If you have been online at any point over the past few years, you’ve likely come across this test: “IoT”. Perhaps you wondered if this was a spelling error or something? If your text does not include serifs, you may wonder, ‘is that lower-case “L” oT or | (pipe) oT? Even if you recognize it, what it means may evade you.
IoT stands for the “Internet of Things”. One of our many ‘tech’ clients is heavily involved with IoT and its impact on how we live and the data to go along with it. So what is “IoT”? The “Internet of Things” is how devices in our homes work with and for us.
Can your Samsung refrigerator tell you how much milk to buy or how many eggs are left? The IoT is how “things” like your refrigerator can let know see or know these things in real time! The Samsung Family Hub 2.0 has voice controls, an LCD display, and is connected to the Internet too so you can do a lot more than check the eggs…
Ever wished you could have your home interior lights, garage light, or front porch light come on by demand or on a program that you can control? Think IoT.
Chairman, chief executive officer, and co-founder of Facebook, Mark Zuckerberg created project JARVIS to illustrate the power of the “Internet of Things” using an app he made using an iOS device. The possibilities are seemingly endless. On his Facebook page, Mark posted this video back in December of 2016:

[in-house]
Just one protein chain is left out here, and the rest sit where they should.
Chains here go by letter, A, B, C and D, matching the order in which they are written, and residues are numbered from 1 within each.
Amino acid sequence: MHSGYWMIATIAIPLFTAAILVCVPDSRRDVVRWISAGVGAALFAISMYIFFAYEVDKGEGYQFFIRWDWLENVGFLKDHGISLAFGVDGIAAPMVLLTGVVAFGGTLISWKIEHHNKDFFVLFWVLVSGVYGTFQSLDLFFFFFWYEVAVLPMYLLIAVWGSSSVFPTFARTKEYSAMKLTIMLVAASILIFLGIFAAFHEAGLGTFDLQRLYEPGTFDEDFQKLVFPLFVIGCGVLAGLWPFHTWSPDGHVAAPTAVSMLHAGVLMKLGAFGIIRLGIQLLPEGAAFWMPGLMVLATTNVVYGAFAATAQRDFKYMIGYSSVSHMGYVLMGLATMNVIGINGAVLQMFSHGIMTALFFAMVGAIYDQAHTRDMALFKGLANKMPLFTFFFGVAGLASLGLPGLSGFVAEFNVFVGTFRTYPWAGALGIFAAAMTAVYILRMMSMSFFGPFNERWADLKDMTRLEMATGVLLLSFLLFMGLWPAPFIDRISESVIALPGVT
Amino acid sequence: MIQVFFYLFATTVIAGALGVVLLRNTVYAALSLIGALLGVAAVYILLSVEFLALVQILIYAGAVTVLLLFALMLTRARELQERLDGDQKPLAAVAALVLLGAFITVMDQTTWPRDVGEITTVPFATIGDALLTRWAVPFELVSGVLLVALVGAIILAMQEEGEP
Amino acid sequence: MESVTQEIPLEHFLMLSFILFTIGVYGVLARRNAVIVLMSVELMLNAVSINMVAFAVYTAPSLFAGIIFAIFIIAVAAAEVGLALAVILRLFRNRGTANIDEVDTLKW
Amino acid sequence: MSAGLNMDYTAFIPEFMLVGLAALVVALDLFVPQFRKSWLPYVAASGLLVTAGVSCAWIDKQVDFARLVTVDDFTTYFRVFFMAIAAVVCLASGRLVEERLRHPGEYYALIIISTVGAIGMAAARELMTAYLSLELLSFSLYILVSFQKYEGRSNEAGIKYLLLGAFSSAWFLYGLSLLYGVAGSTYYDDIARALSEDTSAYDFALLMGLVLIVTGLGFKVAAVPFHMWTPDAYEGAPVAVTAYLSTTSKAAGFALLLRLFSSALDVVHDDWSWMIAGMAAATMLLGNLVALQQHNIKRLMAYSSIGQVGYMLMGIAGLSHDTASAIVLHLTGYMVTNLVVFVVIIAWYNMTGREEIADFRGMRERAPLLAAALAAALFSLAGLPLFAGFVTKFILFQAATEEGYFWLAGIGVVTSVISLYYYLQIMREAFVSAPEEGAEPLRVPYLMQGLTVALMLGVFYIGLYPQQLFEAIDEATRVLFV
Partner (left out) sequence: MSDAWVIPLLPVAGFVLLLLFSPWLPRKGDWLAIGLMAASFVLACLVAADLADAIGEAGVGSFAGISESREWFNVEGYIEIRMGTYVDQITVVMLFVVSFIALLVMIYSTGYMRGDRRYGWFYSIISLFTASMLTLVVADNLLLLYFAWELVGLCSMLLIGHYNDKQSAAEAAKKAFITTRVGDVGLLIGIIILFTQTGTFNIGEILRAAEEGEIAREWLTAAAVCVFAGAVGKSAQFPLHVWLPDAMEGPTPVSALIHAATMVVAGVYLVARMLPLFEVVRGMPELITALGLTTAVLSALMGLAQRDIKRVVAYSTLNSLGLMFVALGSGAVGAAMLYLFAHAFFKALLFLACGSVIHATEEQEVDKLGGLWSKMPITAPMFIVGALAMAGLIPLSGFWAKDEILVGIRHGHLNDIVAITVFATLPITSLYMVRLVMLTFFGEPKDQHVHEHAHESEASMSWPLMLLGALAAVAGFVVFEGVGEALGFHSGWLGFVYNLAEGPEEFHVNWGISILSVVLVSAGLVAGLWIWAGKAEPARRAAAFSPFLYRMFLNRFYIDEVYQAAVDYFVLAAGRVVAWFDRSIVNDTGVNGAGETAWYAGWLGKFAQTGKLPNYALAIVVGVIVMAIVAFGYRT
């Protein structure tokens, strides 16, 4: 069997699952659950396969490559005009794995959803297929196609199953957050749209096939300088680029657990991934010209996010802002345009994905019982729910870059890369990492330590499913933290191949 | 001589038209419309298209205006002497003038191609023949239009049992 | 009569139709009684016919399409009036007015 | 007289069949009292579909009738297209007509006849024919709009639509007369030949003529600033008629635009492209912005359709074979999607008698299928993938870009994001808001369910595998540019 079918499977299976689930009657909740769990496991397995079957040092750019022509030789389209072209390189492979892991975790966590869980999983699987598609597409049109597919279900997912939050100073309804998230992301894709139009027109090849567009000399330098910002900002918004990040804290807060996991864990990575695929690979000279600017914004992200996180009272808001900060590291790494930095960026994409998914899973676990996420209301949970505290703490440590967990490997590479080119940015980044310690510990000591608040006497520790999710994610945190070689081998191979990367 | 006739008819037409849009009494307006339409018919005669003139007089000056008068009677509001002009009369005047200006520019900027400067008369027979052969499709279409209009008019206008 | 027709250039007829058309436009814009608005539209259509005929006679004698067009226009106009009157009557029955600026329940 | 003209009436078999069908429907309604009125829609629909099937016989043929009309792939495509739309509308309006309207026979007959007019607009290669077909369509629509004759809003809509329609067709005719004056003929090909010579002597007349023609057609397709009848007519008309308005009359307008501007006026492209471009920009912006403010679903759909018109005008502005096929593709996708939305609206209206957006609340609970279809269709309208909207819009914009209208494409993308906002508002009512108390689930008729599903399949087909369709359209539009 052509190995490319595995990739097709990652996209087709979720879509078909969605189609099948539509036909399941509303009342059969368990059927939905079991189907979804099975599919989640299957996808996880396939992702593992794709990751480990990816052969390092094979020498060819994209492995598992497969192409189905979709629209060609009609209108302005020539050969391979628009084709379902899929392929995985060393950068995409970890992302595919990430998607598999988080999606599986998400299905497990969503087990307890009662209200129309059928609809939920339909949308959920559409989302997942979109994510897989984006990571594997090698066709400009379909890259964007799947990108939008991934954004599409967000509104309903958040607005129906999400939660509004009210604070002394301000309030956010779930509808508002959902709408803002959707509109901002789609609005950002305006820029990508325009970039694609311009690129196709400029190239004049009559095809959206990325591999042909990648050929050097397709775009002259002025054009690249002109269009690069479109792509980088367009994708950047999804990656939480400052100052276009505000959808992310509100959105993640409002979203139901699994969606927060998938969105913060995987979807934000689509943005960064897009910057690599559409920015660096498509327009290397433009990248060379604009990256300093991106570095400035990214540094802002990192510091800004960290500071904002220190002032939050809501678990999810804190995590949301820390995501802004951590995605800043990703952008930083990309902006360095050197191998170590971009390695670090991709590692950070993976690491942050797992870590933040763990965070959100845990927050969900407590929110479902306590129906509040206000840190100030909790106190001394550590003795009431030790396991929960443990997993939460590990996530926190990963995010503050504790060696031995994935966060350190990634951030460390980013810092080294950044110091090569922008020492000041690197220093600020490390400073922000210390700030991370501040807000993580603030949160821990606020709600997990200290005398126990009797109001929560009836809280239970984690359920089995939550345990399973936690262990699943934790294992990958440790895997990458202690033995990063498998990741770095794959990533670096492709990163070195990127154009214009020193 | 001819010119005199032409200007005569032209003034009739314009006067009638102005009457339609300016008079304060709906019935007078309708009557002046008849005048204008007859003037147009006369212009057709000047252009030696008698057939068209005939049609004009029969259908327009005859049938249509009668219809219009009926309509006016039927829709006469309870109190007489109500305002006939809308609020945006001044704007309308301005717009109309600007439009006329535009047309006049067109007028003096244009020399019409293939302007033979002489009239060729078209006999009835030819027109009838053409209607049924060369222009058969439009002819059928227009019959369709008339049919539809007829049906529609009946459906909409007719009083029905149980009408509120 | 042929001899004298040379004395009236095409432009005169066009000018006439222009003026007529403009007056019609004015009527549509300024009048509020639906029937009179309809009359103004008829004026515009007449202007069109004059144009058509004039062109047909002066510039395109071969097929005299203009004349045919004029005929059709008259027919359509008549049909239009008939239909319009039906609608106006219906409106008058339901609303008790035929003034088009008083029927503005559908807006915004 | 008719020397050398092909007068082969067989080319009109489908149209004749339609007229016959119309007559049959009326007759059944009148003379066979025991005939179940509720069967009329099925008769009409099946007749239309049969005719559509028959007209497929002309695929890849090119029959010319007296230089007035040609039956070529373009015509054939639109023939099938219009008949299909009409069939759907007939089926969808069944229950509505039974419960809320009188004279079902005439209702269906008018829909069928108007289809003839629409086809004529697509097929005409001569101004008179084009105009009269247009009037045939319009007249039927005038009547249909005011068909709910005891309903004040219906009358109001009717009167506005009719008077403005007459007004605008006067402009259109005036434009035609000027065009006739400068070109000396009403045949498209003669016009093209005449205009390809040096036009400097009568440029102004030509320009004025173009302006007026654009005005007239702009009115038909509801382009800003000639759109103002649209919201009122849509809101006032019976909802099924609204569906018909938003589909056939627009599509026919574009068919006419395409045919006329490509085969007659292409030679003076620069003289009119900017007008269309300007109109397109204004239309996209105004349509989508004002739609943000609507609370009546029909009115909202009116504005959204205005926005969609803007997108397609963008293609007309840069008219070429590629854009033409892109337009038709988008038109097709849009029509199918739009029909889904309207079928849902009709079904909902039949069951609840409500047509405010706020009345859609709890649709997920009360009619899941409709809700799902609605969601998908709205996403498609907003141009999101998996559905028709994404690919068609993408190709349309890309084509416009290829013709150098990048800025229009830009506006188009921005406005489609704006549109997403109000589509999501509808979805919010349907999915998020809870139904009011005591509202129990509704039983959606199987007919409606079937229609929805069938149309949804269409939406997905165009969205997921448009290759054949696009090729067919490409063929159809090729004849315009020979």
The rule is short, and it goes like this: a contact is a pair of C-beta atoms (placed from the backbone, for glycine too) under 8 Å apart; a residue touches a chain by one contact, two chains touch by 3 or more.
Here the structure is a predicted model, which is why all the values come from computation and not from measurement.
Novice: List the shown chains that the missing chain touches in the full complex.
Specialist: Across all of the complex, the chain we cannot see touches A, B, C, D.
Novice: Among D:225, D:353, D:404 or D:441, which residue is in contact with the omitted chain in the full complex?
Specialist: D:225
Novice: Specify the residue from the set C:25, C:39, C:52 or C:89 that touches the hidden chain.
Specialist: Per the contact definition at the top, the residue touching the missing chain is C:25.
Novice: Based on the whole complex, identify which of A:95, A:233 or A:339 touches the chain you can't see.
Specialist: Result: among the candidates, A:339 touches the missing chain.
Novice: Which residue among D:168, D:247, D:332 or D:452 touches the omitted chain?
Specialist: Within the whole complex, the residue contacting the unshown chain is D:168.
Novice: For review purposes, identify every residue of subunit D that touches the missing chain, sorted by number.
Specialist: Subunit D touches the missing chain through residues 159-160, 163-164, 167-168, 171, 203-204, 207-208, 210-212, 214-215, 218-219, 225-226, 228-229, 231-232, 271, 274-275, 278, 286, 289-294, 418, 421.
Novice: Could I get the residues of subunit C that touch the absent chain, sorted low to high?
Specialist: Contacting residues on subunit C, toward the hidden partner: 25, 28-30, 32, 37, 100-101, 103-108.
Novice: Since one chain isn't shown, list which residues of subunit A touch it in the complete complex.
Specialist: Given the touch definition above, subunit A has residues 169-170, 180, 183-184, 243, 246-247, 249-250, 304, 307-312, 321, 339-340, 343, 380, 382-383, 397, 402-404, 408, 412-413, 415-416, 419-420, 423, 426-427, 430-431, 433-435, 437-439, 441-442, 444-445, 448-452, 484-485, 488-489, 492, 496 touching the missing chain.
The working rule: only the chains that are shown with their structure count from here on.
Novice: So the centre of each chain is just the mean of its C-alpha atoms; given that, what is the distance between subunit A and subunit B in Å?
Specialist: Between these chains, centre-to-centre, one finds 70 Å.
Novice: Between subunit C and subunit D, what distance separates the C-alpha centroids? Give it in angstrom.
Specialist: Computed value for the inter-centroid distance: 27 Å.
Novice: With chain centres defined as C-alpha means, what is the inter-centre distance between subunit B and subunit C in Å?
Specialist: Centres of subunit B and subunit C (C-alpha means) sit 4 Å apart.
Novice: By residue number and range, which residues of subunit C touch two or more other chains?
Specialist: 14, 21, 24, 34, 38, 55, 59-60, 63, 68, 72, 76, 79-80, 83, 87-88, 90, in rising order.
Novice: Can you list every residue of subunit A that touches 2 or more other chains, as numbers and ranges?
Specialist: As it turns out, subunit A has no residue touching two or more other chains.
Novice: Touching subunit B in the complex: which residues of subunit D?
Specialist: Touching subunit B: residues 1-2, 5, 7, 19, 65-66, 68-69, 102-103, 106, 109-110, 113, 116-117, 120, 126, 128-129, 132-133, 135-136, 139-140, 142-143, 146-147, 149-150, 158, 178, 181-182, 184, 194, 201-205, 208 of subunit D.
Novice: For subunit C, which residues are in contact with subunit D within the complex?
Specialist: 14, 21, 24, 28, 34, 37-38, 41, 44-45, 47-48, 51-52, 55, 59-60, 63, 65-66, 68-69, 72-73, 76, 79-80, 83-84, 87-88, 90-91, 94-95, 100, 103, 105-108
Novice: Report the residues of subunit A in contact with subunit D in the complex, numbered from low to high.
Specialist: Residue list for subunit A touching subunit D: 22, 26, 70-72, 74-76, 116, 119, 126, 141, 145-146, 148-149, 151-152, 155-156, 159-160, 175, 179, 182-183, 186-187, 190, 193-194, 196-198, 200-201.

After a year of coding, here's Jarvis.
Posted by Mark Zuckerberg on Tuesday, December 20, 2016
The one issue with the trend and consumer interest of IoT products is privacy. A Google Home or Amazon Echo can listen for you to ask for things and are always on stand-by for providing you music, weather, or news. But that same constantly-on status some fear could be used to creep into you personal life. No one wants to feel like their private moments are being recorded or sent out live to some party to record your interests.
Products with IoT capabilities use technology such as Bluetooth, QR codes, RFID, Wi-Fi, LTE Advanced, Ethernet and more.
As with all things, technology can help us do more and more. Though the price can be high. For instance, the Samsung Hub Spot 2.0 refrigerator noted above starts at nearly $4,000 and while the Energy Saver rating may be good for the ‘cold’ part, the power requirements for electricity may be way up. So choose wisely.
To help further illustrate what counts as items on the IoT list, consider these items you can learn more about or even buy as shown on http://iotlist.co/:
- Awair Glow – a smart electrical plug that also monitors air quality
- Google Daydream – a virtual reality headset that works with smartphones
- Lyric T5 – wi-fi controlled home thermostat
- Ring doorbell – doorbell for home that includes a 1080p video camera to see who is there without opening the door
- Prodigio Nespresso coffee maker – want your coffee ready when you are heading home or to the kitchen, this will do the trick
- Apple Watch – also qualifies as an IoT
- Withings – a wireless blood pressure monitor
- Tripper – real-time alerts for when windows, doors, and cabinets are opened